The world then went into lockdown due to COVID-19 and his anxiety only intensified. Normally the voice of calm reason, he was feeling intense worry about the situation. Jim was experiencing severe insomnia which seemed to amplify the anxiety. His facial expression seemed to be in a constant state of worry. The whole world was in a state of anxiousness due to the pandemic, so I hoped his intense anxiety was situational.
Jim told me he thought he had early onset of dementia or Alzheimer’s Disease. He was worried about his constant state of confusion and memory loss. Having seen Jim’s beloved dad struggle with Alzheimer’s, I didn’t think that was the case because Alzheimer patients don’t know they are losing their memory. Jim’s symptoms of memory loss, confusion, anxiety, and insomnia worsened. The week prior to Jim’s death, I don’t think he slept more than two hours. I remember waking up and seeing a look of frozen horror on Jim’s face. I will never forget that look as it haunts me to this day. That was the face of severe suffering.
I began to realize there may be more to these “situational” symptoms. A few days later, Jim shared with me that as he was driving, he had to pull over because he didn’t know where he was or where he was driving to. He shared how he was fighting to control his feeling of anxiousness and it took him about 10 minutes to figure out where he was. That was when I realized I needed to pay attention and get some help. Jim agreed it was time to schedule an appointment with the doctor. I told Jim I was there to support him 100 percent.
Two days later, on May 10, 2020, Jim died by suicide. My family and I were devastated and shocked. He left a heartfelt letter which provided much insight on how he was struggling with depression, anxiety, memory loss, confusion, and pain.
Our oldest son, Michael quickly voiced his suspicions of CTE, and our family was in agreement to have his brain studied. Jim shared with Michael a few years earlier how he was worried he may suffer from CTE in the future due to all the times he “got his bell rung.”
Researchers at the VA-BU-CLF Brain Bank diagnosed Jim with Stage 3 (of 4) CTE. I cannot express how grateful I am to the VA-BU-CLF Brain Bank study and to the Concussion Legacy Foundation. The CTE finding helped me understand why Jim suffered the way he did before his death. When I was waiting for the findings, I found it so very helpful to read other Legacy Donors stories. I found similarities and differences in how CTE symptoms present. Those stories shed light on a subject I was unaware of and yet living with in plain sight. Jim hid his symptoms until he couldn’t hide them anymore as CTE took over.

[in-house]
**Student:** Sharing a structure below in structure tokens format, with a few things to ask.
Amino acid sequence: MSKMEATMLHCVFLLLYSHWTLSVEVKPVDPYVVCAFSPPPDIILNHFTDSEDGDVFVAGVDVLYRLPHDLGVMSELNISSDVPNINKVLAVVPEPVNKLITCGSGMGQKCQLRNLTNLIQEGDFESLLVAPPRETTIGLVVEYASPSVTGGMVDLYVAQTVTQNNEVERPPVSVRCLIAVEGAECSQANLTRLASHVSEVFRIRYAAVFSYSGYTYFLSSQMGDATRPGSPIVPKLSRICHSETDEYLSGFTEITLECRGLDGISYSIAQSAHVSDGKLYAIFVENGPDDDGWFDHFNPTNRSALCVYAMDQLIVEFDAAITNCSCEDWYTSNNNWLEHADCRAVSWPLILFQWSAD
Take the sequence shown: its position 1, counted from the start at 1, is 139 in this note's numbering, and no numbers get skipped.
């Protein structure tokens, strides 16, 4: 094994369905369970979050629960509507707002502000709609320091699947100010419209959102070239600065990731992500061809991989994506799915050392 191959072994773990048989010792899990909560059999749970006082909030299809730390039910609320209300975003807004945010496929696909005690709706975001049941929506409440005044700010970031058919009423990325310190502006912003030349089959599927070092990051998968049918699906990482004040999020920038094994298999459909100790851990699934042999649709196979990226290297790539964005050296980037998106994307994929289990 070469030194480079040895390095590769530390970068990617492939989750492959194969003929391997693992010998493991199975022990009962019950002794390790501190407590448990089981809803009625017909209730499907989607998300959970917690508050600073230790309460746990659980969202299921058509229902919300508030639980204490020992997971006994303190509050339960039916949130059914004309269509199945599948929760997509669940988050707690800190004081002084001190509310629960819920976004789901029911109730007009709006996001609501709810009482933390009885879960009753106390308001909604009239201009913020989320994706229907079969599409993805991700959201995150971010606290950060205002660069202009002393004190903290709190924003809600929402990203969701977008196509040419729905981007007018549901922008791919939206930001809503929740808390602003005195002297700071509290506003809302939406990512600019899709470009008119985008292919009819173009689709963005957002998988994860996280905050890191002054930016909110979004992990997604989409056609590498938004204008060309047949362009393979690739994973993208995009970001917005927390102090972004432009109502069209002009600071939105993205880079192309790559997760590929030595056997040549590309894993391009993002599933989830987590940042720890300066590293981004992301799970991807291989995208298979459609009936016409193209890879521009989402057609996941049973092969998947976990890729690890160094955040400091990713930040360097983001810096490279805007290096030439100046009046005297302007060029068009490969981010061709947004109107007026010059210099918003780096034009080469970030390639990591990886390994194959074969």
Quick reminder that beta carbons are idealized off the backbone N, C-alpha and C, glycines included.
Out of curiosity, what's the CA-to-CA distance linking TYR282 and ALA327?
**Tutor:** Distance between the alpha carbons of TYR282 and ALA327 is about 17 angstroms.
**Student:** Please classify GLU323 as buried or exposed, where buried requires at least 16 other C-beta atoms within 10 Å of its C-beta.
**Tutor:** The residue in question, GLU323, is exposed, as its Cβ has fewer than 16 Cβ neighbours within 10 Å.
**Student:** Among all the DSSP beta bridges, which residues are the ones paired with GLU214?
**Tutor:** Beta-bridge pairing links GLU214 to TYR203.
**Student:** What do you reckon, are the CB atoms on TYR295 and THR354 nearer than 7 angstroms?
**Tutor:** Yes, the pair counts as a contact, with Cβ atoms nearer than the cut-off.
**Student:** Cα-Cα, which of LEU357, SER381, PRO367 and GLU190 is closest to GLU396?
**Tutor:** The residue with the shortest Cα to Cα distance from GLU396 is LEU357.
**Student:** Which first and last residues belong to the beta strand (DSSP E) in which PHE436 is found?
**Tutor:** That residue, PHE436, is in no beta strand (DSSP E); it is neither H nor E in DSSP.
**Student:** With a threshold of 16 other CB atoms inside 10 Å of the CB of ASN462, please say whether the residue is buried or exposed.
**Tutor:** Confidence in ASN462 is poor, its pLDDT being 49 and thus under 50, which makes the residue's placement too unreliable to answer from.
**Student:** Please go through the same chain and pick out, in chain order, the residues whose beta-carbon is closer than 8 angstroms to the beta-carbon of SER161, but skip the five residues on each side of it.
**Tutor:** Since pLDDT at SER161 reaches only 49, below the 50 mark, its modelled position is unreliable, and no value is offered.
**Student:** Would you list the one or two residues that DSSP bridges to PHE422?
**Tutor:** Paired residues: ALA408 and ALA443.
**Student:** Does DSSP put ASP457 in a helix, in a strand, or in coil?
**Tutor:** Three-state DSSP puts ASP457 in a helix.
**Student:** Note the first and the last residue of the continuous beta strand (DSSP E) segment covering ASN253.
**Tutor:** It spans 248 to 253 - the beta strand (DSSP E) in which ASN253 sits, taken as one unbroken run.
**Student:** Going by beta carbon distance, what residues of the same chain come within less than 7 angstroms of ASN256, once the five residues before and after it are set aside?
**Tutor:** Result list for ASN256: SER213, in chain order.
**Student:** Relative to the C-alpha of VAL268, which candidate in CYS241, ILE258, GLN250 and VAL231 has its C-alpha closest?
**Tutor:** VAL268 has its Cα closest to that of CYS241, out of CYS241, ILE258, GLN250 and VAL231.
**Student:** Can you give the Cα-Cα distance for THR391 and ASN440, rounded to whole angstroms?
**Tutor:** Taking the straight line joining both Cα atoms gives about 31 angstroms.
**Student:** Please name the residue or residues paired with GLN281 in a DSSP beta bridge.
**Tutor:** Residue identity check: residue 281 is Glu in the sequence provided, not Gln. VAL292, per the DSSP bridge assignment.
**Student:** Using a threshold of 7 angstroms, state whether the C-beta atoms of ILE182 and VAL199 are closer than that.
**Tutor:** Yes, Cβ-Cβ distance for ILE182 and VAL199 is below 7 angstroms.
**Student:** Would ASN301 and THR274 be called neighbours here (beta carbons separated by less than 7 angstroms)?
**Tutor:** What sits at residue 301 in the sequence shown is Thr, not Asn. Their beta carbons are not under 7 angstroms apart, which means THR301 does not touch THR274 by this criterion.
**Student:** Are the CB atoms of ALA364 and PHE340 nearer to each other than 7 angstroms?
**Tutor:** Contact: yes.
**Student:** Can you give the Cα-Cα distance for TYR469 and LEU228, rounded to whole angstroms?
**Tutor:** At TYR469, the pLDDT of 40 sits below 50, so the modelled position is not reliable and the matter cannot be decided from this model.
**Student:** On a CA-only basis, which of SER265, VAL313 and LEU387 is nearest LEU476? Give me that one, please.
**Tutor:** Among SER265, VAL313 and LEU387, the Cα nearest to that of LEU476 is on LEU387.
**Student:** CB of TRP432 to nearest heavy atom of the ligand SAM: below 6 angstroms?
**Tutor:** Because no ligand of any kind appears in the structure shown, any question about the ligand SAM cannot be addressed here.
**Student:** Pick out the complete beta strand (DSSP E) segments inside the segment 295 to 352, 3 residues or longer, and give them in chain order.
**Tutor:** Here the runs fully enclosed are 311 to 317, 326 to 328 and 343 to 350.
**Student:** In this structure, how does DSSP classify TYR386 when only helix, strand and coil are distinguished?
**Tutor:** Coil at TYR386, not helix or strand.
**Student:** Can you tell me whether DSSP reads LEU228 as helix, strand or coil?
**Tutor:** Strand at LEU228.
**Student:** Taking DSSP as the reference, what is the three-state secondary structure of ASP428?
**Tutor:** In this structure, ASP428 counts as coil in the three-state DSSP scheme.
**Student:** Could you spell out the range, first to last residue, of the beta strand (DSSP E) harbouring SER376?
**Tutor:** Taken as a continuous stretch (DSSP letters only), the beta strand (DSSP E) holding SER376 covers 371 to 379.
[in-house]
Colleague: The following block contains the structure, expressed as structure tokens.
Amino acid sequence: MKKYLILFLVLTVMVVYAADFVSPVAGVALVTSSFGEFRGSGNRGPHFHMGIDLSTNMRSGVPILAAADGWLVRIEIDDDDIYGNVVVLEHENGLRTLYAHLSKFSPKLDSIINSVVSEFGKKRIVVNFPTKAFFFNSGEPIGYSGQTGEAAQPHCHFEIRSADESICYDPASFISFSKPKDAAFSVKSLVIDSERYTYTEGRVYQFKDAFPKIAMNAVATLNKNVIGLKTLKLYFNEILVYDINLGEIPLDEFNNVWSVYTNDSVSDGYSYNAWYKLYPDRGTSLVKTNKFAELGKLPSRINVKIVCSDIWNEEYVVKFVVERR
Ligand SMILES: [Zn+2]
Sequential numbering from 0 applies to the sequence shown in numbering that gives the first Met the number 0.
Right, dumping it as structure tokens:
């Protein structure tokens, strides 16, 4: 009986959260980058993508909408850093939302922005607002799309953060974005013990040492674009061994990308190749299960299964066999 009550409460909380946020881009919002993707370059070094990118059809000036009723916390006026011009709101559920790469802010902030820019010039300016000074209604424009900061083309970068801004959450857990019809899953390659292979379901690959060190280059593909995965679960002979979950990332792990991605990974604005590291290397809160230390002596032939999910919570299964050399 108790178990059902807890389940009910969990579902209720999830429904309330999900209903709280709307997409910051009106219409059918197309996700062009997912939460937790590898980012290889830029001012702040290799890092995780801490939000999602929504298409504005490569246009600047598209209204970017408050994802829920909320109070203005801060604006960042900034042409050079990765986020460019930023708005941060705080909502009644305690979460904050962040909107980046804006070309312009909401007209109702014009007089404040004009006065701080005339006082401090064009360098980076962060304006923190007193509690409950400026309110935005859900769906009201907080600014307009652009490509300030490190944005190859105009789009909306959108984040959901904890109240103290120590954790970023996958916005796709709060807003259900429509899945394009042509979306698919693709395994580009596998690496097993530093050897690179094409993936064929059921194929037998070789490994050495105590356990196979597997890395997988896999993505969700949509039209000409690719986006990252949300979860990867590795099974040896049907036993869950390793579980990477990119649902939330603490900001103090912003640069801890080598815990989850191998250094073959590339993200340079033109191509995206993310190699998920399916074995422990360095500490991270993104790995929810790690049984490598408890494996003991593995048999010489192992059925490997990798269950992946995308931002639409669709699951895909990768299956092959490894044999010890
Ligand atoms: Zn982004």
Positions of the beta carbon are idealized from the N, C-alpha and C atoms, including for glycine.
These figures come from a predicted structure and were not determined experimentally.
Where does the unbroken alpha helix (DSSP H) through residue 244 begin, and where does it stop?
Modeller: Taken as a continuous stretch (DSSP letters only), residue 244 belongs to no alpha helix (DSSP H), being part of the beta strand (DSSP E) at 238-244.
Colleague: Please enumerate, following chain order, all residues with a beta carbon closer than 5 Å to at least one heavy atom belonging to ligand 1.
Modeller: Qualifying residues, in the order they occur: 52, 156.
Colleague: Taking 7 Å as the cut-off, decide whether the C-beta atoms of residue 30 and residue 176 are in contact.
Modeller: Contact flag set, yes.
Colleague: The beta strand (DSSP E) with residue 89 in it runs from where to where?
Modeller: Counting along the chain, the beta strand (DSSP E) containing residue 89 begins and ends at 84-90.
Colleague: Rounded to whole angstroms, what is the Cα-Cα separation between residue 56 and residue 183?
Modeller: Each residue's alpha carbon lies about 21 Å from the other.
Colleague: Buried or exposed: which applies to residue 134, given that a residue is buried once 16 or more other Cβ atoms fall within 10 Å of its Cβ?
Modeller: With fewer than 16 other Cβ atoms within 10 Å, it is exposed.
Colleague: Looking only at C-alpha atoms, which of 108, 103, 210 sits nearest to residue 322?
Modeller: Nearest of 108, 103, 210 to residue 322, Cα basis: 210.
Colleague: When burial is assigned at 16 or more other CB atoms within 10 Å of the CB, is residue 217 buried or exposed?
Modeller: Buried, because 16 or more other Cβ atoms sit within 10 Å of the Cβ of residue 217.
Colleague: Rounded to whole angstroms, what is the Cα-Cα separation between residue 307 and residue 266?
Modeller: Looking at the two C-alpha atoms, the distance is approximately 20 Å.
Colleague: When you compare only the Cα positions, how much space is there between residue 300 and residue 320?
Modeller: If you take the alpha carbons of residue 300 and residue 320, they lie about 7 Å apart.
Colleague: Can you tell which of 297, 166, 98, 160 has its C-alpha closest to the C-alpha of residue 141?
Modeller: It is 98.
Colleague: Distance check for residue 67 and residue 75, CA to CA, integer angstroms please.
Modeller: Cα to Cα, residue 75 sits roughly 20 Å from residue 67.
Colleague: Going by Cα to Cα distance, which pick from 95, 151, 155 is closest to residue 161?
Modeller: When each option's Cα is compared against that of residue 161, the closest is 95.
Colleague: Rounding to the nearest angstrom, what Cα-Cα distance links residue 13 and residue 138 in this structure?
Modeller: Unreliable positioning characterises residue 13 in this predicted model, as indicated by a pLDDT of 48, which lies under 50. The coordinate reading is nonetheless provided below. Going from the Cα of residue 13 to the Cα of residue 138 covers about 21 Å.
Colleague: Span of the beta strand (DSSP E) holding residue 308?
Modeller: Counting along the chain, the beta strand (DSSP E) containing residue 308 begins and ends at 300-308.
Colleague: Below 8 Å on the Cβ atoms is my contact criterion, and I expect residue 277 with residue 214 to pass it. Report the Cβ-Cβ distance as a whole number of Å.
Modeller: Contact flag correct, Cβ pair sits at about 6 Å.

So many times after hearing someone died of cancer, I see “After a brave fight, they lost the battle to cancer.” I believe all victims of CTE fight a brave fight. It’s just a battle that ultimately feels like it can’t be won at this time. As family members affected by CTE, we can help to prevent the battle. We can keep telling the stories of our loved ones.
Jim Mohr loved the game of football and he would want to save the game. Jim once said, “Living with constant anxiety is horrible and I hope none of you experience it.” Tackle CAN and SHOULD wait if we want to reduce the risk of CTE among football players.
Suicide is preventable and help is available. If you are concerned that someone in your life may be suicidal, the five #BeThe1To steps are simple actions anyone can take to help someone in crisis. If you are struggling to cope and would like some emotional support, call the National Suicide Prevention Lifeline at 1-800-273-8255 to connect with a trained counselor. It’s free, confidential, and available to everyone in the United States. You do not have to be suicidal to call.
Are you or someone you know struggling with lingering concussion symptoms? We support patients and families through the CLF HelpLine, providing personalized help to those struggling with the outcomes of brain injury. Submit your request today and a dedicated member of the Concussion Legacy Foundation team will be happy to assist you. Click here to support the CLF HelpLine.